Testing Lottery Advertising: Both Wins and Draws Count

How is grand-scale research on lottery advertising like grand-scale research in agriculture? No one does it, who must thrive or fail according to the outcome. With my friend Jade I discuss tests of smaller scale, and we agree that there is usually something to be learned from a well-constructed test of advertising, even if the results are not what everyone wanted. After all, don’t we want to know what not to do? NASPL Insights August 2017


Effects of the January 2016 Record Jackpot on the Outlook for 2017

After January 2016, we saw sales for jackpots in the range $200 to $400 million significantly lower than before. My math models support estimating the effect of these changes on the development of big jackpots in the future. I estimate the likelihood of a jackpot reaching $1 billion in 2017 at about 10%, down from about 17% at the start of 2016. NASPL Insights December 2016

How Does Lottery and other Legal Gambling Vary Across States?

I combined data from two sources to get a view of how much the “average citizen” lost in legal gambling, across 41 U.S. jurisdictions. The per capita annual loss to lottery is much more variable than the loss to all legal gambling combined. Lottery thrives in states where other legal gambling is limited (and even in neighbors of those states). Total annual per capita losswhich seldom exceeds $500 per capita annually. The potential for improved lottery yields is likely constrained by this combined limit. All Legal Gambling 2016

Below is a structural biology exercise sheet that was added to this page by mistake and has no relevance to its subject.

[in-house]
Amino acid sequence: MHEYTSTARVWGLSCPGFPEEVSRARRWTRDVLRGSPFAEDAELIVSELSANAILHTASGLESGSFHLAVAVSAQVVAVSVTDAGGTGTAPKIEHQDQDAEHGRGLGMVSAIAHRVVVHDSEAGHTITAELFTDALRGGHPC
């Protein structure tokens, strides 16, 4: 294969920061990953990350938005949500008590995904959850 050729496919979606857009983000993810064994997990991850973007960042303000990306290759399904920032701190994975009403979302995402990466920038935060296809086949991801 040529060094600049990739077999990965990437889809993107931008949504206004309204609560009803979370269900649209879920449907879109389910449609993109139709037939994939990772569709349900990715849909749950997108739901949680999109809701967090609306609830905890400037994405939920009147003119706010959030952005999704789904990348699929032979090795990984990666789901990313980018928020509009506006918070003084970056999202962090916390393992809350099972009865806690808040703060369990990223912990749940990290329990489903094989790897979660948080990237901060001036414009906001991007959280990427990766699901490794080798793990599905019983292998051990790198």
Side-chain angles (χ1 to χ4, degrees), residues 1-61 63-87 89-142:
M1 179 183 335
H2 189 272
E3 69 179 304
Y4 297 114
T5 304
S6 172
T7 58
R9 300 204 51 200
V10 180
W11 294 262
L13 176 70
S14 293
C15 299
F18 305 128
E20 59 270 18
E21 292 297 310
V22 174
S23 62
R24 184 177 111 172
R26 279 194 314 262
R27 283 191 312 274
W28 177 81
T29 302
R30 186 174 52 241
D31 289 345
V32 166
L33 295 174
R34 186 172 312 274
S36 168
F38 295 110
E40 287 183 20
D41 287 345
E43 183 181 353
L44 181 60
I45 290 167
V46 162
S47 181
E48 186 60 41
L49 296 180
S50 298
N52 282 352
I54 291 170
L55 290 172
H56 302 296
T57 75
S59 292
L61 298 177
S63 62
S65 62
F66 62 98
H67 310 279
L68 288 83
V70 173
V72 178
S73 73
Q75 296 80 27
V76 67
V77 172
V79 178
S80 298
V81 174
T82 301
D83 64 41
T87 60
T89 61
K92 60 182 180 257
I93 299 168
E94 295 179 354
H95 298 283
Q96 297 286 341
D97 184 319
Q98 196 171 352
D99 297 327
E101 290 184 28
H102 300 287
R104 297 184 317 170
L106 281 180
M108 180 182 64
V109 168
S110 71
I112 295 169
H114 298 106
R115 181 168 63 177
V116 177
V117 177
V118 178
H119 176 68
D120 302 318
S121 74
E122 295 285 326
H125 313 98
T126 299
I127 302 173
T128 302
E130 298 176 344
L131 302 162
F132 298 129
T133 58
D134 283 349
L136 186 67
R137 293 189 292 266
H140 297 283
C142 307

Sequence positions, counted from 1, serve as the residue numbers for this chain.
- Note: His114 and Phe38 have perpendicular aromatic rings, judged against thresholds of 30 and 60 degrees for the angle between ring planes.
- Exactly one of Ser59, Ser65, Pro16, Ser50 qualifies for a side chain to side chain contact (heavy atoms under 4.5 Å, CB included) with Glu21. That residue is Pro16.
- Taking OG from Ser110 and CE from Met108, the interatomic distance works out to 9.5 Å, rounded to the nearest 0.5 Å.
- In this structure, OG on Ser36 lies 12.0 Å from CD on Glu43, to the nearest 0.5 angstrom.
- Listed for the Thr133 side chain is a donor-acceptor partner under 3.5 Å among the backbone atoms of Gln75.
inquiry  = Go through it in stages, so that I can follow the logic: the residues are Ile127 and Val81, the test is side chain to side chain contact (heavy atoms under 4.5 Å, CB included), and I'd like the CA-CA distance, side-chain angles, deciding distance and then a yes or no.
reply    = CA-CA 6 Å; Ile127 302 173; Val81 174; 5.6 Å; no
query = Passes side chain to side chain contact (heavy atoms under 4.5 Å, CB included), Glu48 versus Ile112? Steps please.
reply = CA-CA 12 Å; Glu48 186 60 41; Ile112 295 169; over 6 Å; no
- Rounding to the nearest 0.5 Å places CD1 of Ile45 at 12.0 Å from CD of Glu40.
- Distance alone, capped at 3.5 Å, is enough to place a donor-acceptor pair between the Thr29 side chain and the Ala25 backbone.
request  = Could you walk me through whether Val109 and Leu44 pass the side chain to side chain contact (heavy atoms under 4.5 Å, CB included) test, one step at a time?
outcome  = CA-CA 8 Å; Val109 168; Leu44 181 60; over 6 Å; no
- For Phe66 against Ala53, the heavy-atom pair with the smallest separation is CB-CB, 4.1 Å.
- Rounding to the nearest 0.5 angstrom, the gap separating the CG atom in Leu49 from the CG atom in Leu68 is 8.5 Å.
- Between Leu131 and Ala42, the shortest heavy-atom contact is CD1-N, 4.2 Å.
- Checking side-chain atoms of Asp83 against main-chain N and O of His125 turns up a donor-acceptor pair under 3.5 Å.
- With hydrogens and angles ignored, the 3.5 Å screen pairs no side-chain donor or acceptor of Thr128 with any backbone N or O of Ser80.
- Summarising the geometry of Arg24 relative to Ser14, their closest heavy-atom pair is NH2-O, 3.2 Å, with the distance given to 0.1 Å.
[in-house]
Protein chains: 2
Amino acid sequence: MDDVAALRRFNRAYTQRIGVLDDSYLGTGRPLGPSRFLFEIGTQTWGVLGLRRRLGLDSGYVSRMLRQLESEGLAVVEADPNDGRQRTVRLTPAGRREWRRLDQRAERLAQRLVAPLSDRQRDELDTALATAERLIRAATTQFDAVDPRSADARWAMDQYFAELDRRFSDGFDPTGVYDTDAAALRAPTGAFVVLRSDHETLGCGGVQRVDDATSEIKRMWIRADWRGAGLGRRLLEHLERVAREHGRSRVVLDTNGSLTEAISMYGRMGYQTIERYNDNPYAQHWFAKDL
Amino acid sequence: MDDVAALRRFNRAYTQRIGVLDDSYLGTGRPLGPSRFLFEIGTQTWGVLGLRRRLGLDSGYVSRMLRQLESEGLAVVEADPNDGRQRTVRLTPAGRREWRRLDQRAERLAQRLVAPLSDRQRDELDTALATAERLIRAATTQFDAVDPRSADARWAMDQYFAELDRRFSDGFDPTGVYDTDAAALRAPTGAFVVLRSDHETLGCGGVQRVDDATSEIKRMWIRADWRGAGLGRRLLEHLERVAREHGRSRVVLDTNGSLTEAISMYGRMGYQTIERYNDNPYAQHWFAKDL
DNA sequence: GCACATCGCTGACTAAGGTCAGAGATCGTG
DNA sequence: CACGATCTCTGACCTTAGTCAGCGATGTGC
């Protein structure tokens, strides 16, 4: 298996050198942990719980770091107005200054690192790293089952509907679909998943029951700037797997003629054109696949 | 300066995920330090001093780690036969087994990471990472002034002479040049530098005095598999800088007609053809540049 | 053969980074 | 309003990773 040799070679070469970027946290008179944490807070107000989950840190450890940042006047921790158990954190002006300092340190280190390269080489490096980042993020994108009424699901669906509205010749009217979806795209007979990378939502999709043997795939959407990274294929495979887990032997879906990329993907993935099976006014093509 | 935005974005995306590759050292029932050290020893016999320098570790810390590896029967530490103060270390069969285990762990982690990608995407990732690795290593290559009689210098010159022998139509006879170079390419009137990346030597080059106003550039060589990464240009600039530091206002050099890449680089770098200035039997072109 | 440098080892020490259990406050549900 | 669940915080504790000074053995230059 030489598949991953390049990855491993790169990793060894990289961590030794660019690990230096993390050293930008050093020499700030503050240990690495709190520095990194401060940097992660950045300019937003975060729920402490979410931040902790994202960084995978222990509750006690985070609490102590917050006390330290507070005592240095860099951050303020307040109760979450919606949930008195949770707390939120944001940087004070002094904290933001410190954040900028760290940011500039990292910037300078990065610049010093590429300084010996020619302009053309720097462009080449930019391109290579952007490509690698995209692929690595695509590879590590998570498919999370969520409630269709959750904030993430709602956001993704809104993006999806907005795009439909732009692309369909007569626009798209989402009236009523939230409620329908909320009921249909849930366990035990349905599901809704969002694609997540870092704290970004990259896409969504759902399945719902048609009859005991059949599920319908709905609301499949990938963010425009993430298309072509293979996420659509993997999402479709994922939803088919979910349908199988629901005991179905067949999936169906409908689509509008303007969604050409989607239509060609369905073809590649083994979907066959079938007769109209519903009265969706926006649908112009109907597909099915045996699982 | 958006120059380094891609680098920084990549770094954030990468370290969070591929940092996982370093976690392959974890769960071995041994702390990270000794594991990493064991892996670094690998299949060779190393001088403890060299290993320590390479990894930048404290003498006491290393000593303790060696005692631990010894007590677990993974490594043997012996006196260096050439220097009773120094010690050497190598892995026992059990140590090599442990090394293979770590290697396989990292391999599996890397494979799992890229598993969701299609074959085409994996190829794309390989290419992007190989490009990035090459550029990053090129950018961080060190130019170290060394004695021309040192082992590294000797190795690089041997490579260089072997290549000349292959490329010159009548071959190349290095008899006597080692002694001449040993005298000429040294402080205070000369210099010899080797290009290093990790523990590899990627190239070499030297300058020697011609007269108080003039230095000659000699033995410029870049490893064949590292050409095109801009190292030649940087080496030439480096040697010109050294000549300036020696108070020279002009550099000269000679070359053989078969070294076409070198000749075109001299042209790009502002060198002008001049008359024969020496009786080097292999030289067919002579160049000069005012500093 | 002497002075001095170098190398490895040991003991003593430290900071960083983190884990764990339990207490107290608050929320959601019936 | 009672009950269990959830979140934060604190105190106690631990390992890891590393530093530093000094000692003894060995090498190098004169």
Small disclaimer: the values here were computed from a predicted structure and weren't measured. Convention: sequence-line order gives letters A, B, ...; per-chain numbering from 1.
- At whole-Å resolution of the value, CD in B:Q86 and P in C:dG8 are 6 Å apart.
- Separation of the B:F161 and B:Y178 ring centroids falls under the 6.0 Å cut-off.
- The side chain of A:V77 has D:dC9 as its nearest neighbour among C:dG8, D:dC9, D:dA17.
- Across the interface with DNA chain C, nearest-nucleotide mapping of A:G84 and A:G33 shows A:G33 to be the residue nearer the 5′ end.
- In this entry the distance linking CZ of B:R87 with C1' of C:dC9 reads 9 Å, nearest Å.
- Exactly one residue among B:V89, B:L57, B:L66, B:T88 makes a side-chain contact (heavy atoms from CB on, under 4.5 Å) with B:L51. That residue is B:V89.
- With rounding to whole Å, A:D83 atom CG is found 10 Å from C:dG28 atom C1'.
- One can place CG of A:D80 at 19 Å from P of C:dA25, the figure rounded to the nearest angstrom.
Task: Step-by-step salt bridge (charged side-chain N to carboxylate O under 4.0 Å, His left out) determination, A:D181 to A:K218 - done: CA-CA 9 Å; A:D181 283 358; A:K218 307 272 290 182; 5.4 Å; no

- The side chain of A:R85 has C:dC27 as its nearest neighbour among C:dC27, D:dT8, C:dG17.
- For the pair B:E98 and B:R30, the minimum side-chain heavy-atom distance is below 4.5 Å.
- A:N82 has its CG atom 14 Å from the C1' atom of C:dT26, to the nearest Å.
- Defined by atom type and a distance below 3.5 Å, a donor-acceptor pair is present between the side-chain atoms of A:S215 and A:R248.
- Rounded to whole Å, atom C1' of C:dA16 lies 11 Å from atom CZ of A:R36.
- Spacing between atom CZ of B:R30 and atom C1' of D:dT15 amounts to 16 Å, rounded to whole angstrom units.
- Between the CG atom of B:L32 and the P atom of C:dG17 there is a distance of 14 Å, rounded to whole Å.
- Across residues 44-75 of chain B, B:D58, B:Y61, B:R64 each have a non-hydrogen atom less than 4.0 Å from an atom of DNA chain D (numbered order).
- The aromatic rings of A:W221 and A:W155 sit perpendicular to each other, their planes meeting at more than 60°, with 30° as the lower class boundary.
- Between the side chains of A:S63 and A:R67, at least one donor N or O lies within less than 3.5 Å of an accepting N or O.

Outlook for the Big Games in 2015

NASPL Insights December 2014, I assessed the behavior of the Powerball and Mega Millions games in the eleven months since California joined the Powerball game. I found that while sales at jackpots below $100 million had remained fairly steady, the sales response to jackpots approaching $300 million was less than half what it had been during the “base period” between Feb 2012 (when Powerball raised its price to $2)  and April 2013 (when California joined). I went on to project  the probability distribution for jackpots greater than $300 million in the coming year. The difference between the games was stark: Powerball was more likely than not to have three or more such events, while Mega Millions was more likely than not to have no more than one.